“Widehall” was built in 1769 on the Chester River at a time when Chestertown vied with Annapolis as an important port. Through the years, many prominent people called “Widehall” home. The builder and original owner, Thomas Smythe, was one of the wealthiest men of that time due to his being a merchant, shipbuilder and shipowner who traded with the British West Indies. He also became Head of the State’s provisional government and served in this office until 1776. In 1782, after service to Washington Collage as a founder and benefactor, he was appointed its first Treasurer. Other well-known owners were Robert Wright, Governor of Maryland between 1806 and 1809 and Ezekiel Chambers, State and United States Senator and Judge of the Court of Appeals.
Built on a high stone basement, the house’s many noteworthy details begin at the street. Two short flights of sandstone steps, interrupted by a sandstone terrace, lead up to the front door. In front of the landing, the stone retaining wall with brick piers capped by stone finials were once part of an original “claire-voie” (open-work gate or grille for a vista to the landscape beyond). Two towering trees next to the end piers frame the front of the house.
“Widehall” is one of the largest five-bay brick Georgian style houses along the Chester River and its corner location off High Street provides additional prominence. Its exterior color palette of red brick with white window frames, trim, superimposed keystones at the window headers, roof dormers and the Widow’s Walk railing is classic. The front door is centered in the middle bay, surrounded by a Doric style architrave supporting a full pediment with fluted columns below. The windows have twelve-over-twelve sashes whose louvered shutters were added later. In the 1910 restoration, both the two-stored kitchen wing on the northeast side and the magnificent waterside Ionic two-story portico that spans the full length of the house were added.
The compact floor plan has four rooms off the center hall for easy flow among the rooms. The front door opens to the center hall with arched molded openings to the stair hall opposite the front parlor’s deep wall opening with double pilasters. Another smaller arched opening leads to the hall past the dining room opposite the rear parlor and to the exterior door at the main level portico. The interior color palette of creamy white plaster walls, beautiful wood floors with the crown dentil and arched moldings painted a deep blue green with deep blue bases is striking. Each of the four rooms has a different cornice detail including one design’s alternating courses of dentils and beading. Throughout the main floor, the rooms are furnished with period pieces and other antiques.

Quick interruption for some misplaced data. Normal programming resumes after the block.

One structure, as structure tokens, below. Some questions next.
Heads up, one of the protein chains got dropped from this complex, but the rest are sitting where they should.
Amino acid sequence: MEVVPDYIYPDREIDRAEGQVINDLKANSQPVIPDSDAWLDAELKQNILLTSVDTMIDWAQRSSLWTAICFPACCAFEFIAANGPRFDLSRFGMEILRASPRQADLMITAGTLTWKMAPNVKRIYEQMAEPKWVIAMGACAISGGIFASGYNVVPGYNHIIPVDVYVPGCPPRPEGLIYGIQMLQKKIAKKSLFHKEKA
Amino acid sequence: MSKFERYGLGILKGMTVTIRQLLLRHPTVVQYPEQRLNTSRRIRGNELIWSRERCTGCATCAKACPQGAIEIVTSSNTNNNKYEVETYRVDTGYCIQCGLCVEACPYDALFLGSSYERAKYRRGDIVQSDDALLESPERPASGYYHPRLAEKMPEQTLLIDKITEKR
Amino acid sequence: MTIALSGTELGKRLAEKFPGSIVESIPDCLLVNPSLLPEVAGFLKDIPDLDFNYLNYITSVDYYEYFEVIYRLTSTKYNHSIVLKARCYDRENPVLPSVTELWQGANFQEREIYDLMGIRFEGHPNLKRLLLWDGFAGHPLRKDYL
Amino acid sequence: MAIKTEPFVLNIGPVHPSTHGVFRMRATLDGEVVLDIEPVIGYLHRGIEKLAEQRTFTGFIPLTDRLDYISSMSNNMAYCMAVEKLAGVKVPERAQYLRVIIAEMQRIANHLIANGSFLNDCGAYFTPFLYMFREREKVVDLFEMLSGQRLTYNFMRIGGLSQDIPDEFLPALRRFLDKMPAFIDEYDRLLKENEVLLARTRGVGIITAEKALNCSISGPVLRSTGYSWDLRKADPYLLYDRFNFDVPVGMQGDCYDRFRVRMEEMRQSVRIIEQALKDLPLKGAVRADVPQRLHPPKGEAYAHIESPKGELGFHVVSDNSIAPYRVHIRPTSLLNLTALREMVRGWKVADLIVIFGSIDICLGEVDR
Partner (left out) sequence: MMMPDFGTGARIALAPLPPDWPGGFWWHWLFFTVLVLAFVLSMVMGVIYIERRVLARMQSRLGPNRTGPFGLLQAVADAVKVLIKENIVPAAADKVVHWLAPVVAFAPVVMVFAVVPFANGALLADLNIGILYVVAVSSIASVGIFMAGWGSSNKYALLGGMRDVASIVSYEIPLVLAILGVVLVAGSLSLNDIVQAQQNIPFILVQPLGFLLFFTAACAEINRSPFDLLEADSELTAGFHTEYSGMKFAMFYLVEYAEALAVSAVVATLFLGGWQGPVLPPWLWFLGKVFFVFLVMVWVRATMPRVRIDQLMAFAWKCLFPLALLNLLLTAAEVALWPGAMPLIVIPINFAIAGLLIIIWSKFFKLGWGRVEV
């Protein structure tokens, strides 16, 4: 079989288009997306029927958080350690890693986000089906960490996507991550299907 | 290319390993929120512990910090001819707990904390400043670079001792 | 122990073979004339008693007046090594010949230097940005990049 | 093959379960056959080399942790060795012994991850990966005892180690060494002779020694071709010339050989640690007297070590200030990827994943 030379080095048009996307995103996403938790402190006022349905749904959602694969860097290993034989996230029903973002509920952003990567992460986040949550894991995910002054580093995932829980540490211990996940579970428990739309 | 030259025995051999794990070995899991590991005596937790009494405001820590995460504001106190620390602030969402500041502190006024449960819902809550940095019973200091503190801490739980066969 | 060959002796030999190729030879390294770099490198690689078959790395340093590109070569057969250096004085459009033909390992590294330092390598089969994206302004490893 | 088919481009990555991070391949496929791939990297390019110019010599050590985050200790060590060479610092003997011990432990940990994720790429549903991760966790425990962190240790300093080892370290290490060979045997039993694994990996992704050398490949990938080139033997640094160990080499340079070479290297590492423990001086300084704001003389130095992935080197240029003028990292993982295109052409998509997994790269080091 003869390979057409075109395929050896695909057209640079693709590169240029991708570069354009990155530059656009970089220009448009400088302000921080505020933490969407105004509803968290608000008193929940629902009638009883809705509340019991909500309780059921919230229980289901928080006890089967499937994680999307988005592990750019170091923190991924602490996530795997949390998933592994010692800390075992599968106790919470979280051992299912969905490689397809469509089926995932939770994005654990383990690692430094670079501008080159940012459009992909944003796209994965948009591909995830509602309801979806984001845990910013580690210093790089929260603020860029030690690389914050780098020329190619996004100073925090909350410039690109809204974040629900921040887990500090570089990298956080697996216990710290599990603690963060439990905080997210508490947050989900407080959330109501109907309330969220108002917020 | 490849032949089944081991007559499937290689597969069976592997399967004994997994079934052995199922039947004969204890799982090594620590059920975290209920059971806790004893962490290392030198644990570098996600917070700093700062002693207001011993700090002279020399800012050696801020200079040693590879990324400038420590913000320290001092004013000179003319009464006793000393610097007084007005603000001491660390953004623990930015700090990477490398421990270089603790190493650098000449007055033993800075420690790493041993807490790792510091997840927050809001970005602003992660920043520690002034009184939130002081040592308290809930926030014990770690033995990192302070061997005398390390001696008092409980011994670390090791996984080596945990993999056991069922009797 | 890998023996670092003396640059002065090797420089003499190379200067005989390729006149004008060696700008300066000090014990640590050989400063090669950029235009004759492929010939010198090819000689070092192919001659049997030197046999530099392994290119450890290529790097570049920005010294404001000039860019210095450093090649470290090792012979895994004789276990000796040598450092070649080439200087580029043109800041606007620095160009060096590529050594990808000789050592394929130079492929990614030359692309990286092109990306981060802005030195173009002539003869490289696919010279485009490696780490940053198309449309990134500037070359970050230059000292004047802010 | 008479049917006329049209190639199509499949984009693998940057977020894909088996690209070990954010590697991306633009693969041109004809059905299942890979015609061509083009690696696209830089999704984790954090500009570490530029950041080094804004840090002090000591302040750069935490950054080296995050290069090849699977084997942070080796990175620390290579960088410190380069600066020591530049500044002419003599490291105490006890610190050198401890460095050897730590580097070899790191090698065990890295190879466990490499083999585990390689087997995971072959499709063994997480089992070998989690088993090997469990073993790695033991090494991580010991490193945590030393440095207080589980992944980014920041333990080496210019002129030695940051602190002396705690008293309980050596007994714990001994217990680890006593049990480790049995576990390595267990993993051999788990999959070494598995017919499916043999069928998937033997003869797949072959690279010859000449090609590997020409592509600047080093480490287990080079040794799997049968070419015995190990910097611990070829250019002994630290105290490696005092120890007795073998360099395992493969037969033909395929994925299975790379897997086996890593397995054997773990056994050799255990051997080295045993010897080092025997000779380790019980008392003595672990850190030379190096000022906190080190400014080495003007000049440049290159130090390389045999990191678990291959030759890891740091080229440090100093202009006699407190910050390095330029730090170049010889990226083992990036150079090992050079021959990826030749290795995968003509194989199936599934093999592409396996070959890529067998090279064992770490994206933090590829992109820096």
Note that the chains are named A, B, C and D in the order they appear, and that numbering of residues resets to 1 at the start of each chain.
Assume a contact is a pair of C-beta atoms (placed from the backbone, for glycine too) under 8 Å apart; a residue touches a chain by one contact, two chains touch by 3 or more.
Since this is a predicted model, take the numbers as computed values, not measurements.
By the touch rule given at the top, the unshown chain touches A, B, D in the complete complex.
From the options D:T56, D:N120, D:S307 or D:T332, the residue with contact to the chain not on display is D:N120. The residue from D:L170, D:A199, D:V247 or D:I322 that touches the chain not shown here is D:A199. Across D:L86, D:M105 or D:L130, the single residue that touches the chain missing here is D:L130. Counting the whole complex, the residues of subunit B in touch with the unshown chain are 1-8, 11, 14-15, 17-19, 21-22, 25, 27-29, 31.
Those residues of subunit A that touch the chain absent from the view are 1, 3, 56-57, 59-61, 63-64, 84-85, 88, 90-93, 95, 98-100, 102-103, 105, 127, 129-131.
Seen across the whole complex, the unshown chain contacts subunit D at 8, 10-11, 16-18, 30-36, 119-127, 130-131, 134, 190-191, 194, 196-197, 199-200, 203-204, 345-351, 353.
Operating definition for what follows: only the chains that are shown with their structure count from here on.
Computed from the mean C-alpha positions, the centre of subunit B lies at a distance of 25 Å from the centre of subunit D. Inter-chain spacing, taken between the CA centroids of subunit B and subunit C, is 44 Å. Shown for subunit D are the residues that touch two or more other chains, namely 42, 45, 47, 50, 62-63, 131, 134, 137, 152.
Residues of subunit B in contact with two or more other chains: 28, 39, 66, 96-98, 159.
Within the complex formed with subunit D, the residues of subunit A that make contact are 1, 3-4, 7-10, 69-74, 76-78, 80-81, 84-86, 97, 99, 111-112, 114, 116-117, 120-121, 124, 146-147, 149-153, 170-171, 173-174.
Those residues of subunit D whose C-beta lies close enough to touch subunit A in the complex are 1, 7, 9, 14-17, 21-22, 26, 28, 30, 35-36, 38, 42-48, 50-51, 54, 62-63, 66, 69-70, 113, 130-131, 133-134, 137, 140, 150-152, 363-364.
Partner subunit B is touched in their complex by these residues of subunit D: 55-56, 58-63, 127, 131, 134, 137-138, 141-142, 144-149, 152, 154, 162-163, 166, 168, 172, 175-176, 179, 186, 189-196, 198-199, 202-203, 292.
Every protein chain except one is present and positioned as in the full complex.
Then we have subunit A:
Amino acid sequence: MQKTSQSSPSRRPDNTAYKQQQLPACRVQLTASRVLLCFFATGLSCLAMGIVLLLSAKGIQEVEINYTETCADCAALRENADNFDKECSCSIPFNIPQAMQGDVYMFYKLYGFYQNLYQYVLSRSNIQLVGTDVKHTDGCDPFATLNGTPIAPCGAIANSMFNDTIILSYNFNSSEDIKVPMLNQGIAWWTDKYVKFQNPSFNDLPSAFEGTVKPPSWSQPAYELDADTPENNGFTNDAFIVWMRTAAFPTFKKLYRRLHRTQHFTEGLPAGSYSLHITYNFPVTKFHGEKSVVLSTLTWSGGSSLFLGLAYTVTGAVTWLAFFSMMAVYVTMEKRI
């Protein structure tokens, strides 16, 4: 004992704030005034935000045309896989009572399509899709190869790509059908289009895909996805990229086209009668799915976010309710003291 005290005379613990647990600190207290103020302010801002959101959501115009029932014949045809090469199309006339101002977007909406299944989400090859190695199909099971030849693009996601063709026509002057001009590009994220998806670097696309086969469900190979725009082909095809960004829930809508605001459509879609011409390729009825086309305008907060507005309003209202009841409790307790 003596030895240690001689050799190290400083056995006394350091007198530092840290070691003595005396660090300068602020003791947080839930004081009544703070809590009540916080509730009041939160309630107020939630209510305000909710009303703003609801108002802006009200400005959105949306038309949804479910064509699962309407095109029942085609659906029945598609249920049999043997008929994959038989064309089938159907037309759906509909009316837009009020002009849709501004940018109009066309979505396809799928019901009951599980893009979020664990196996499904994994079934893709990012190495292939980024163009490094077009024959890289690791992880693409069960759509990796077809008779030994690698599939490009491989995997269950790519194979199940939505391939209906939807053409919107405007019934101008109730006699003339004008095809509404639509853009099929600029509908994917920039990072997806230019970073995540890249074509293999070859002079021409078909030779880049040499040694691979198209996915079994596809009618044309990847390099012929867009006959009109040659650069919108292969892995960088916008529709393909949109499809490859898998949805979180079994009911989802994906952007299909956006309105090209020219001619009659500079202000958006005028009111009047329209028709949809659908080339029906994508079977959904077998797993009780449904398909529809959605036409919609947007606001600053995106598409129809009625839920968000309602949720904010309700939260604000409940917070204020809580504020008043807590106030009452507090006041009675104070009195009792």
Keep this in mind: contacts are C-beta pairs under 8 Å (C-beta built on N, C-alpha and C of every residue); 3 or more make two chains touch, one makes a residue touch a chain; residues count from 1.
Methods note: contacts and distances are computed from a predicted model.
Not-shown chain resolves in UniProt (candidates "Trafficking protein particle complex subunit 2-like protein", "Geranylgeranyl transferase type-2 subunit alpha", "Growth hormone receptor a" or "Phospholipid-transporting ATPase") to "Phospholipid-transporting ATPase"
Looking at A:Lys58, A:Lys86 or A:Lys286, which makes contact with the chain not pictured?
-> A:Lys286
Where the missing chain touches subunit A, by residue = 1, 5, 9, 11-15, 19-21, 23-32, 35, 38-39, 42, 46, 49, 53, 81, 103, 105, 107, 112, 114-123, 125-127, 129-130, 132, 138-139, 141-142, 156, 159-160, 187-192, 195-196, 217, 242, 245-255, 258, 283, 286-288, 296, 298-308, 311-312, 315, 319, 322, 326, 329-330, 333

In the stair hall, the staircase cantilevers from the wall as it gracefully ascends around three walls to the second floor. The six-inch stair risers, railing, fluted newels, wall pilasters and turned balusters are all crafted from mahogany. I could well imagine being greeted by the Owners as I arrived for an elegant party or fundraiser and being serenaded by a musician playing Cole Porter tunes on the grand piano.
The front and rear parlors are mirror images of each other with back to back fireplaces and above the front parlor’s mantel is a portrait of George Washington. Both rooms are detailed with broken pedimented headers over the wall openings to the center hall and the deep wall openings between the chimneys are clad in panels at the top and sides of the openings.
The moldings in the formal dining room are painted a warm mocha and flanking the fireplace are floor to ceiling built-in china cupboards with a clever detail of two drawers intersecting the paneled wainscot around the room. The period chandelier and the antique table and chairs set the scene for a memorable repast.
Between the dining room and the kitchen is the well equipped butler pantry with built in cupboards, some with glass fronts and a porcelain enamel sink with an integral drainboard. The deep exterior wall ledge at the window above the sink is a perfect spot for flowering plants or herbs to flourish.